1. Kementrian Kesehatan Republik Indonesia. Situasi penyakit kanker. http://www.depkes.go.id/resources/download/pusdatin/infodatin/infodatin-kanker.pdf (accessed August 22, 2015).
  2. Rasjidi I. Deteksi dini, dan pencegahan kanker pada wanita. Jakarta: CV Sagung Seto; 2009.
  3. Chung SH, Franceschi S, dan Lambert PF. Estrogen and ERα: culprits in cervical cancer. Trends Endocrinol Metab. 2010;21(8):504-511.
  4. World Health Organization. Comprehensive cervical cancer prevention and control: a healthier future for girls and women. http://apps.who.int/iris/bitstream/10665/78128/3/9789241505147_eng.pdf?ua=1 (accessed January 14, 2017).
  5. Louie KS, Sanjose S de, Diaz M, Castellsague, Herrero R, Meijer CJ, Shah K, Franceshi S, Munoz N, Bosch FX. Early age at first sexual intercourse and early pregnancy are risk factors for cervical cancer in developing countries. Br J Cancer. 2009;100:1191-1197.
  6. Burk R, Ho G, Beardsley L, Lempa M, Peters M, Bierman R. Sexual behavior and partner characteristics are the predominant risk factors for genital human papillomavirus infection in young women. J Infect Dis. 1996;174(4):679-89.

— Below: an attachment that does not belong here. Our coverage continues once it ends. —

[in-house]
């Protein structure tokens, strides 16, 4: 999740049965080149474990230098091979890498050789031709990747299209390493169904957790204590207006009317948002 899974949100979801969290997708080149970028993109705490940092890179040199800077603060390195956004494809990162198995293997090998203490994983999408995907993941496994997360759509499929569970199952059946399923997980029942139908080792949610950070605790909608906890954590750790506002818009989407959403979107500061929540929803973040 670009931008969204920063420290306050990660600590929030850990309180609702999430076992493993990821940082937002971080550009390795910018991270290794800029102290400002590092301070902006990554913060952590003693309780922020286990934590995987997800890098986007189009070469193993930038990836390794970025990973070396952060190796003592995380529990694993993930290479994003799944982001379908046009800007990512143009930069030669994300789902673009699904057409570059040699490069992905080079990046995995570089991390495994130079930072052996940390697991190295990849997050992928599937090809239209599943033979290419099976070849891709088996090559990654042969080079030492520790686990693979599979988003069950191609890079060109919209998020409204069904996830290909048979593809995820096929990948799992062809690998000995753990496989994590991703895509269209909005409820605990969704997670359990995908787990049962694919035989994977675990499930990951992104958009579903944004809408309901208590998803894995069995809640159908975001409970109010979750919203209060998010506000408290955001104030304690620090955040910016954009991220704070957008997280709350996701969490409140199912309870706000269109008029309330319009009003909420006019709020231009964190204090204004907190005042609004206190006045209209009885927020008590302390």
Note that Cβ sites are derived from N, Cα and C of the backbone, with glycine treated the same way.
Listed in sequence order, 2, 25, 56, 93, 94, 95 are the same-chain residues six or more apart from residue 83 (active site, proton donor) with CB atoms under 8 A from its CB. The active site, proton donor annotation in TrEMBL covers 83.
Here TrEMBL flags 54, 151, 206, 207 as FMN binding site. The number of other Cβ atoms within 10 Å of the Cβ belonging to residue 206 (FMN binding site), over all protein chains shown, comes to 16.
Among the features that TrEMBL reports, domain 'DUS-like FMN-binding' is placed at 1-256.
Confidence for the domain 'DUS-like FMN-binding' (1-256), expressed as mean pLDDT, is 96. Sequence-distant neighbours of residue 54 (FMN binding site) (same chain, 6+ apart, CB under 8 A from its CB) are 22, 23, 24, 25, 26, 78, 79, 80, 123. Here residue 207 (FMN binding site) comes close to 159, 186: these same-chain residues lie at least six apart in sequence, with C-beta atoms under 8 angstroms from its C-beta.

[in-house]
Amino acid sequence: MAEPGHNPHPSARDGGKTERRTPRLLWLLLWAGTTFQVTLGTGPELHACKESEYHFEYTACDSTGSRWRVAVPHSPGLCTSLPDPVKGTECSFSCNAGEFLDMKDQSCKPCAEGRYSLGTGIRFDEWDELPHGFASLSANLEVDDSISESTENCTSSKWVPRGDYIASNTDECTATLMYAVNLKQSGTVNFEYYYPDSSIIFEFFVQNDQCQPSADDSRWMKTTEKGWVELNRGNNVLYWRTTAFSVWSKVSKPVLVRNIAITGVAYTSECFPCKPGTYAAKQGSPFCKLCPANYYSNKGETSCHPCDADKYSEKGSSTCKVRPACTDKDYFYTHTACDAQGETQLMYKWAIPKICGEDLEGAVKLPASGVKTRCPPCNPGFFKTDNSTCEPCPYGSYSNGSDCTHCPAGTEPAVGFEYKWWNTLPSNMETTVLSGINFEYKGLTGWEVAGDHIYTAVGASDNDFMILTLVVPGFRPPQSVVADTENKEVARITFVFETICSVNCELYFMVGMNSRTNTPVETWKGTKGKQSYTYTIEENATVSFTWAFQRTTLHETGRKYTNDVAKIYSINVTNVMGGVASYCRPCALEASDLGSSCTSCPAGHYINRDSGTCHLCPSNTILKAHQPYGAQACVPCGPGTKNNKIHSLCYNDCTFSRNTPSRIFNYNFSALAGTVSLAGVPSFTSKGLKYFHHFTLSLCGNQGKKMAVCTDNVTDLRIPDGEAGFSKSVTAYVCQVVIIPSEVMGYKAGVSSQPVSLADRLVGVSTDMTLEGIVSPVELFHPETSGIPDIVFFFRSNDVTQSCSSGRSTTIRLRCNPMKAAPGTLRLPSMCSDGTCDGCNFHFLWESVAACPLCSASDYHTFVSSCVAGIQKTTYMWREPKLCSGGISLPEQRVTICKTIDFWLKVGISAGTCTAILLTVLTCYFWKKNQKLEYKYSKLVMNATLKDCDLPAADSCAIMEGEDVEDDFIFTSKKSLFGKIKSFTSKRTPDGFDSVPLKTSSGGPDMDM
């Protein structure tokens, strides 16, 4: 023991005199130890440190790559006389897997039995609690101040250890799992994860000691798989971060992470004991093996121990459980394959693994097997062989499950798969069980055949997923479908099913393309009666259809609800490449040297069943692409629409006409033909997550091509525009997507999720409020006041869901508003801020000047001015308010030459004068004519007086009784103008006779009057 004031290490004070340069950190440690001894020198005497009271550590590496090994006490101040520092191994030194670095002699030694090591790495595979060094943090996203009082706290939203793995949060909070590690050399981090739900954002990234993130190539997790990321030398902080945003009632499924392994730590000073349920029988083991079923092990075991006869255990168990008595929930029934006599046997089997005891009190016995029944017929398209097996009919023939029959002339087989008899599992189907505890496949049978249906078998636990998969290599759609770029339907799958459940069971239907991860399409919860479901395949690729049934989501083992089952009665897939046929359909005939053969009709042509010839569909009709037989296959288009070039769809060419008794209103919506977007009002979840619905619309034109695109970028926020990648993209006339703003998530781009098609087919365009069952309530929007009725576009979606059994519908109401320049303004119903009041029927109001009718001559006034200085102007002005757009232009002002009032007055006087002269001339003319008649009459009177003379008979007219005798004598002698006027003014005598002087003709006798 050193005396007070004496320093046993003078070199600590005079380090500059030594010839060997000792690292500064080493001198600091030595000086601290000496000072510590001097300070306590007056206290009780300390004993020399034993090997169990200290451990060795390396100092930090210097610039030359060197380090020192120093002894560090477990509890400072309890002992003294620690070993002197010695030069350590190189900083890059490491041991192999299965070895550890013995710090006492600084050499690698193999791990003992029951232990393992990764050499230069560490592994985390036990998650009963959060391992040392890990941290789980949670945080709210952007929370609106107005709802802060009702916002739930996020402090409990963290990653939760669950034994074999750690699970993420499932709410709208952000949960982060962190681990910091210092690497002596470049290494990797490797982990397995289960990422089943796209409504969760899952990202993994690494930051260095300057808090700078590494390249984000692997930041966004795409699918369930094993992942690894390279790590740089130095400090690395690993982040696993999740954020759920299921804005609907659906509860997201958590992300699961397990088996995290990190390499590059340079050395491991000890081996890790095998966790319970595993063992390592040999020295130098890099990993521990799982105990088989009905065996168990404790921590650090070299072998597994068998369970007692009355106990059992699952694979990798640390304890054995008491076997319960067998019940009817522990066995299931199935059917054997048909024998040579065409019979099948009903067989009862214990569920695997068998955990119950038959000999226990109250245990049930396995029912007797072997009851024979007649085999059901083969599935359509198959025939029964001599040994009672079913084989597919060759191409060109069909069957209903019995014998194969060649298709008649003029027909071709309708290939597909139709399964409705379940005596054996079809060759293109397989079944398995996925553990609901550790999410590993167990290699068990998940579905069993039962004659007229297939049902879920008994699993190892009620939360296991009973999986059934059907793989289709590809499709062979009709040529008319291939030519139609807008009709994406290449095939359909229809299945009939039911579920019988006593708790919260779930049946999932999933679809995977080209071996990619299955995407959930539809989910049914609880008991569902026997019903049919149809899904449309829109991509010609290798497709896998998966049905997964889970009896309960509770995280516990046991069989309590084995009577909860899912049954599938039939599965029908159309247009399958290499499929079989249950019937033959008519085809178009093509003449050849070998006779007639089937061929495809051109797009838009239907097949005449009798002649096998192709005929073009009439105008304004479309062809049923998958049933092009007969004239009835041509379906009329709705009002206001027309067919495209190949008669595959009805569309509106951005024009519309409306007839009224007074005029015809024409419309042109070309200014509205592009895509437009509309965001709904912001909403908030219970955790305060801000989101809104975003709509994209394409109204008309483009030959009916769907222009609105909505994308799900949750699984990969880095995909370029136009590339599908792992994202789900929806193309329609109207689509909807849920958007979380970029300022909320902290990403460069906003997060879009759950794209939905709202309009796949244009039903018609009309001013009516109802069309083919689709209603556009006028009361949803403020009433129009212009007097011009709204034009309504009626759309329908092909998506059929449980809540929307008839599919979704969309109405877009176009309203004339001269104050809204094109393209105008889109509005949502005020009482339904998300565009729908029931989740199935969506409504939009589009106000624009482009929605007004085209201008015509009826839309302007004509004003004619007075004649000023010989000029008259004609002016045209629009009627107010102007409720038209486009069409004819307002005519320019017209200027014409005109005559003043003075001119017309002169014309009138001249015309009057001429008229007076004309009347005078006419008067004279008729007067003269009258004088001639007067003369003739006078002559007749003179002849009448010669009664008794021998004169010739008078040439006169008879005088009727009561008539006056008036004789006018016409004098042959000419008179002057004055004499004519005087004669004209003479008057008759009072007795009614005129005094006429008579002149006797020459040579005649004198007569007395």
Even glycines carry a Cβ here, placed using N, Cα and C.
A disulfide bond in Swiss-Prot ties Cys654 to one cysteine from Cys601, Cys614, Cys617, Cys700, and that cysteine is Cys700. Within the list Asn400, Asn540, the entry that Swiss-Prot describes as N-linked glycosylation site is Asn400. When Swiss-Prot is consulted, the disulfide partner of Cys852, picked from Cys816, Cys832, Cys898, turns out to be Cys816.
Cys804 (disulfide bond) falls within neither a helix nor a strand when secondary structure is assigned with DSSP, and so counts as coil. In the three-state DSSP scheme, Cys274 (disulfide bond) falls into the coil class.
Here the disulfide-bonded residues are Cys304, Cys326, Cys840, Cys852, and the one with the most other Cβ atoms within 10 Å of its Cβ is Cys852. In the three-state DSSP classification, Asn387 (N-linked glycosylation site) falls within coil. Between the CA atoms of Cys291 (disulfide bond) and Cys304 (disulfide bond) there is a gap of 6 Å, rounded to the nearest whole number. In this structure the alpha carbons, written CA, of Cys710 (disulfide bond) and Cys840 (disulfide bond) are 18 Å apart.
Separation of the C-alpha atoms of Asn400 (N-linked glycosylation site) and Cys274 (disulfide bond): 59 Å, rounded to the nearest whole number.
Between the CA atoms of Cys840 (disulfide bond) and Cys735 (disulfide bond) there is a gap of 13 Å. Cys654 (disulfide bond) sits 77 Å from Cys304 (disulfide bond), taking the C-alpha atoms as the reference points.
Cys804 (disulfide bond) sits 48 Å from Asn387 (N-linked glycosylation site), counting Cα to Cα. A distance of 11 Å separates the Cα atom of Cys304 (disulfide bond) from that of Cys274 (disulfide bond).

7. Boardman CH, Sonoda Y. Cervical Cancer Staging. http://emedicine.medscape.com/article/2006486-overview (accessed August 22, 2015).
  8. Liu ZC, Liu WD, Liu YH, Ye XH, Chen SD. Multiple Sexual Partners as an independent risk factor for cervical cancer: a meta-analysis of epidemiological studies. Asian Pac J Cancer Prev. 2015;16(9):3893-3900.
  9. Munoz N, Franceschi S, Bosetti C, Moreno V, Herrero R, Smith J, Shah K, Meijer C, Bosch X. Role of parity and human papillomavirus in cervical cancer: the IARC multicentric case-control study. The Lancet. 2002;359(9312):1093-1101.
  10. Saslow D, Solomon D, Lawson HW, Killackey M, Kulasingam S, Cain J, Garcia F, et al. American Cancer Society, American Society for Colposcopy and Cervical Pathology, and American Society for Clinical Pathology screening guidelines for the prevention and early detection of cervical cancer. J Low Genit Tract Dis. 2012;16(3):175-204.
  11. Autier P, Coibion M, Huet F, Grivegnee AR. Transformation zone location and intraepithelial neoplasia of the cervix uteri. Br J Cancer. 1996;74(3):488-490.
  12. BKKBN. Pil KB. http://www.bkkbn-jatim.go.id/bkkbn-jatim/html/pil.htm (accessed August 22, 2015).
  13. Chan WK, Klock G, Bernard HU. Progesterone and glucocorticoid response elements occur in the long control regions of several human papillomaviruses involved in anogenital neoplasia. J Virol. 1989;63(8):3261–3269.